It’s an appropriate topic for the IPAC 2013 conference…rethinking public administration. Especially because of where it’s happening: in Montreal which – in a significant understatement – has been dealing with difficult public administration issues lately.

Those ‘difficult issues’, of course, are being detailed by the Charbonneau Commission and speak to widespread corruption in the province, especially in the municipal sector in and around Montreal.

Kudos to Jean-Francois Lisee, Quebec Minister of International Relations, the Francophonie and External Commerce, for taking the subject on.

He reminded us of the famous Maclean’s magazine edition with Bonhomme Carnival and a suitcase full of money that identified Quebec as the most corrupt province in the country.

He asked, where were the benchmarks? Where do others fit? But then boldly conceded the Charbonneau Commission was a call for Quebec – no matter where it stands in relation to other jurisdictions on the so-called corruption scale – to do something.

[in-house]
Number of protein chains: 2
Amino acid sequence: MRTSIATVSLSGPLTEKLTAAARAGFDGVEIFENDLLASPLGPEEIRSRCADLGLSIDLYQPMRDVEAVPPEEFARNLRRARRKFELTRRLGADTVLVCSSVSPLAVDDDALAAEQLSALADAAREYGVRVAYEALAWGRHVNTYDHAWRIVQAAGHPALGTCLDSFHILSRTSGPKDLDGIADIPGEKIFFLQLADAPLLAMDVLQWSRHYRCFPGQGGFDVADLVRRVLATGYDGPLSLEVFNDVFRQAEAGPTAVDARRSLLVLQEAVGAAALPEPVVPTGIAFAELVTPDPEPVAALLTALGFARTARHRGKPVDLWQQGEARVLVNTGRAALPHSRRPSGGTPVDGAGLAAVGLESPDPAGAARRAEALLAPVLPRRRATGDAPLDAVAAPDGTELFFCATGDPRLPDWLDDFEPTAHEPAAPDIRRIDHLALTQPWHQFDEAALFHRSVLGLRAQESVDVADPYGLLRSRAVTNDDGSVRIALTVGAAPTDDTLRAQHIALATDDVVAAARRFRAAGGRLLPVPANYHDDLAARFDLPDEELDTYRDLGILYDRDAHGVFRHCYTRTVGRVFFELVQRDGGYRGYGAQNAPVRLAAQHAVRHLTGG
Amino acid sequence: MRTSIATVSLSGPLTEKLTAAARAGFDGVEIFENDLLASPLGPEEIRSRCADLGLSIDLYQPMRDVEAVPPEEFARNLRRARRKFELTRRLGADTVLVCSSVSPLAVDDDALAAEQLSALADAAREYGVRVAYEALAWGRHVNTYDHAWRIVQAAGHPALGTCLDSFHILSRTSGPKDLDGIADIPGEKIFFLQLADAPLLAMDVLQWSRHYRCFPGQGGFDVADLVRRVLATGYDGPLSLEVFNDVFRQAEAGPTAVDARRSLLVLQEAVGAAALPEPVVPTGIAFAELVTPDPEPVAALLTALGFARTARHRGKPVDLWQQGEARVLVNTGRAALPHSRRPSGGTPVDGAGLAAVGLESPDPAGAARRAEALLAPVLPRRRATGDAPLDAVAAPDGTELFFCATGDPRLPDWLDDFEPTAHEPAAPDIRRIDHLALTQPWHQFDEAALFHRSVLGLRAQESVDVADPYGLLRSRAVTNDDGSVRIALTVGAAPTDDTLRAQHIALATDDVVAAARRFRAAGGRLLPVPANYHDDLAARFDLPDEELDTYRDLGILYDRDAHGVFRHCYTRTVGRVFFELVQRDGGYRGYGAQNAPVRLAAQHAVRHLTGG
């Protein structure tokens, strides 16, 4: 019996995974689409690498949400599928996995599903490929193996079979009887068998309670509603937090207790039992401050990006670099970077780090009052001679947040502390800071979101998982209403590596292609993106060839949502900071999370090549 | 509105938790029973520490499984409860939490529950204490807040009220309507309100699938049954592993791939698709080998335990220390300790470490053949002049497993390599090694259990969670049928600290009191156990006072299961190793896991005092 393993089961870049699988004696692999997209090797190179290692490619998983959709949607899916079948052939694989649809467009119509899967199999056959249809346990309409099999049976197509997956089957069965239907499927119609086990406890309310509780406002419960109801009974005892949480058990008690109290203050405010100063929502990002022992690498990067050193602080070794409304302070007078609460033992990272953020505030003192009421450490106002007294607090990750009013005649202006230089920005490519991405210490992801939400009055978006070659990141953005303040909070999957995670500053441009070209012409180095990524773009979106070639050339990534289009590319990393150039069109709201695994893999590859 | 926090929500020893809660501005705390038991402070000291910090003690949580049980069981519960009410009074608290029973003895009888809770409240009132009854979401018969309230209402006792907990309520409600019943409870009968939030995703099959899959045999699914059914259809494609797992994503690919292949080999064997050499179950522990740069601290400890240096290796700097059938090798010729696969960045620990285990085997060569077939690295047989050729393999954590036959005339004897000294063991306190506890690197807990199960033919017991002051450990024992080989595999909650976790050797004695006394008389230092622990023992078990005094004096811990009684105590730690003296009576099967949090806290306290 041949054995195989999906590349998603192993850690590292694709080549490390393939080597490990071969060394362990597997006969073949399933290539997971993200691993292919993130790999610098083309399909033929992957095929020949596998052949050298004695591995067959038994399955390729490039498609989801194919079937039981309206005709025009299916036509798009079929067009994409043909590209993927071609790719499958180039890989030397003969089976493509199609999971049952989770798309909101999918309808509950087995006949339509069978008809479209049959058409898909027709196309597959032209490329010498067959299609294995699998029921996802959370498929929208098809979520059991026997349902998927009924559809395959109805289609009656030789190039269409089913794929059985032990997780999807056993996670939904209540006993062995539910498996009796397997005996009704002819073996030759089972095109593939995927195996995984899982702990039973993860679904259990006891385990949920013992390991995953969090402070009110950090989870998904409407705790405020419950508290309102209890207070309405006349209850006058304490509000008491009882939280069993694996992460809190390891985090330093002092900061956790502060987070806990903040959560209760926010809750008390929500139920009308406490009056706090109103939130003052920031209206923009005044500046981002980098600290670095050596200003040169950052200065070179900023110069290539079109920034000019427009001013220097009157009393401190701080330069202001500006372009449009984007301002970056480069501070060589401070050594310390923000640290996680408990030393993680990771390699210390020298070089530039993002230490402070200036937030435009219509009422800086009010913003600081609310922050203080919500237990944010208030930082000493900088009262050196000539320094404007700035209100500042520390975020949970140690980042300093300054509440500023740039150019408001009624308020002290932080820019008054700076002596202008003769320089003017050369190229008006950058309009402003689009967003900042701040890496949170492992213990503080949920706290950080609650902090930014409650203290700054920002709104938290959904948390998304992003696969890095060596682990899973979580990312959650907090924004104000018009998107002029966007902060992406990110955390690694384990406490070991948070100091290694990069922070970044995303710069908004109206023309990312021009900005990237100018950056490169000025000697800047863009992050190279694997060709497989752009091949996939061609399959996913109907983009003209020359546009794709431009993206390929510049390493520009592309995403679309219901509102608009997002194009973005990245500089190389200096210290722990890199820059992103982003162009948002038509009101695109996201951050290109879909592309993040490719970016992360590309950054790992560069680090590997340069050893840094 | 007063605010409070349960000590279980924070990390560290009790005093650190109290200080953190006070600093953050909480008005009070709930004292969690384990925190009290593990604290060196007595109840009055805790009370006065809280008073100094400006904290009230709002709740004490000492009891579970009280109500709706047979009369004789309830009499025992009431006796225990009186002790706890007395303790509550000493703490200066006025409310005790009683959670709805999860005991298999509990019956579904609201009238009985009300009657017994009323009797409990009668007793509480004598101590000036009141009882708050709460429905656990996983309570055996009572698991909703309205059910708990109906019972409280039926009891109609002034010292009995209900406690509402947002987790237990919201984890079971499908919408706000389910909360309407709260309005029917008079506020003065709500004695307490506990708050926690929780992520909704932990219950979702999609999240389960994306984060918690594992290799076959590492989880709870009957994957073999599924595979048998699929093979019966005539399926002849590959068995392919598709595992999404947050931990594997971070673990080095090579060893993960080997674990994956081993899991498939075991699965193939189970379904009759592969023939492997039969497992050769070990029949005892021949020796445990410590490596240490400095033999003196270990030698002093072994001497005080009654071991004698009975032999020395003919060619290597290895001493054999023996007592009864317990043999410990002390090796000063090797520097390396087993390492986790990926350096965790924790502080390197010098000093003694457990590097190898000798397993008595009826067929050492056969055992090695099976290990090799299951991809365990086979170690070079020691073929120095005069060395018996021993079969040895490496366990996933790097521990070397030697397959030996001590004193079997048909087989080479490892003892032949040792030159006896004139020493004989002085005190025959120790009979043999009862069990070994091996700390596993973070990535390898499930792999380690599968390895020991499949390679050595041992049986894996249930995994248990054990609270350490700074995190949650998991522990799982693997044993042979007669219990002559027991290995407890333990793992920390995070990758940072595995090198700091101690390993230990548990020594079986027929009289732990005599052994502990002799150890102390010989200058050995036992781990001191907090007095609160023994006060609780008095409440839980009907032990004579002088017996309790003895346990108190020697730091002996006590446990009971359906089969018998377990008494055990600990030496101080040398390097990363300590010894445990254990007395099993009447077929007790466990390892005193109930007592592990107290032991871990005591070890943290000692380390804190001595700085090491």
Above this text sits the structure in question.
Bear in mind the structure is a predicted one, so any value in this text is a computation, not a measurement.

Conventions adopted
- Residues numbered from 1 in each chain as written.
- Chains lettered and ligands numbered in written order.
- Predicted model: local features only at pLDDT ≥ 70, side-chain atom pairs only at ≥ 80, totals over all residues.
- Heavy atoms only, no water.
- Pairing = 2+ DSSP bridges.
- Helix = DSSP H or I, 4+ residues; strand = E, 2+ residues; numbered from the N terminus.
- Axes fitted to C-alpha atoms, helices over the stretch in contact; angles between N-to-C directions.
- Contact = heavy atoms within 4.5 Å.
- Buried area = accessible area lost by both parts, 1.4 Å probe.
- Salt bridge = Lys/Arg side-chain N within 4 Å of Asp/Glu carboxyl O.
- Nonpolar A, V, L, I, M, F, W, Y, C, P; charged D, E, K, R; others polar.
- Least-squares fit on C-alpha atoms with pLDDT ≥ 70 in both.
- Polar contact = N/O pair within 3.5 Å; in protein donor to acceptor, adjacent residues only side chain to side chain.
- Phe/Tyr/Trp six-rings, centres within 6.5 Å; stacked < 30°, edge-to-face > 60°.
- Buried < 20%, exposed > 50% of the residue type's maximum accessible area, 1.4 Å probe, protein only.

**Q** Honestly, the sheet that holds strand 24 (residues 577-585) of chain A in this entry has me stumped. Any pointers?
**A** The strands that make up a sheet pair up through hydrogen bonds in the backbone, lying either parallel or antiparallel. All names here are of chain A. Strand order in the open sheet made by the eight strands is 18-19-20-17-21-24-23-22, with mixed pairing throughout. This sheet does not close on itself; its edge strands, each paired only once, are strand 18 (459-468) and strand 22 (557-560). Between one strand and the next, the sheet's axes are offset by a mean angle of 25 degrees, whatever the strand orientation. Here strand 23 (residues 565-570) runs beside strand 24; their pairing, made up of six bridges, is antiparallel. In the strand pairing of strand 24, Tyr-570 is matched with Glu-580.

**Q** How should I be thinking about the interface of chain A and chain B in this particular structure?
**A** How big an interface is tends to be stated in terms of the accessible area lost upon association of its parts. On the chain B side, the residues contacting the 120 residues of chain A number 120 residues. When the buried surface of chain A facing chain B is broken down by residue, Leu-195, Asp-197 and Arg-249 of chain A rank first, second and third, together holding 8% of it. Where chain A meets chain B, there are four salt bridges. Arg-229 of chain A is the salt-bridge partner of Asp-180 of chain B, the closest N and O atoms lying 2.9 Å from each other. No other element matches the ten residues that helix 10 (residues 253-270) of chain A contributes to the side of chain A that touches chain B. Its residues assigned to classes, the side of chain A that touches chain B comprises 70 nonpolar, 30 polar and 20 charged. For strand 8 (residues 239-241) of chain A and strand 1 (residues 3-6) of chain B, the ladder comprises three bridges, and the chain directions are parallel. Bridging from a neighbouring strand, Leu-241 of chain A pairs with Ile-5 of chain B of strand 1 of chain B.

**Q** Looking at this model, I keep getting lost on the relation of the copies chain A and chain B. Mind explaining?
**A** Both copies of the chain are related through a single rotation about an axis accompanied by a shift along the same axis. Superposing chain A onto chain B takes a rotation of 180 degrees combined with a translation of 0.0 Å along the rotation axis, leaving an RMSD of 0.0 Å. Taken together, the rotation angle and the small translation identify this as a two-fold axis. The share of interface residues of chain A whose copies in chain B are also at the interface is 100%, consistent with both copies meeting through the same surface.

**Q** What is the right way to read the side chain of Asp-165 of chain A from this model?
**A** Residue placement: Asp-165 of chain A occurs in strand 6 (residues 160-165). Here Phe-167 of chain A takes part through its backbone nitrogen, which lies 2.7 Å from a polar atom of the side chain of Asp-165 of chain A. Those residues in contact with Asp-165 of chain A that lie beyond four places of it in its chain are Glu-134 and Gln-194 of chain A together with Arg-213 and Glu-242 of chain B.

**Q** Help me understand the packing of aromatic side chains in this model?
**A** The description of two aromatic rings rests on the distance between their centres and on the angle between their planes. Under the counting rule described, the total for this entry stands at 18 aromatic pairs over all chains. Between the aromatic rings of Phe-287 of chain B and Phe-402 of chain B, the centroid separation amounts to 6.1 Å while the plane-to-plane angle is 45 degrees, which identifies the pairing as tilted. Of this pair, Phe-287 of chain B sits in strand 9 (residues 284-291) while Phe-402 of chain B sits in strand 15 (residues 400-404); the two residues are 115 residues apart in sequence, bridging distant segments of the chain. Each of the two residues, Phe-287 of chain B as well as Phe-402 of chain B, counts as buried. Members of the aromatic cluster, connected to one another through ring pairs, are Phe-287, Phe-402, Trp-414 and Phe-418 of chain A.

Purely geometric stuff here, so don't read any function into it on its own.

The something has included, to name just two, lowering the threshold for political reporting of influence to $100 (seriously) and putting in place a code of conduct for all public sector organizations which, if they follow it, get a certificate that businesses and citizens can examine.

Lots more to be done, of course, and with the Commission’s mandate now extended, one can only wait for more revelations and calls for action.

Jean St-Gelais, the Quebec Clerk of Executive Council, not surprisingly limited his presentation to public service renewal. There wasn’t a lot new there. He called for an increased focus on efficiency and provided a list of tips for managers, including transparency in leading and better recruiting.

He also called for a re-branding of the public service to build trust with citizens.

Toby Fyfe
Toby Fyfe is Editor-in-Chief of Canadian Government Executive magazine. He is also Vice-President of the Learning Lab at the Institute on Governance in Ottawa. He writes regularly on public management issues, both in a weekly e-newsletter for Canadian Government Executive and on Twitter at @tfyfe.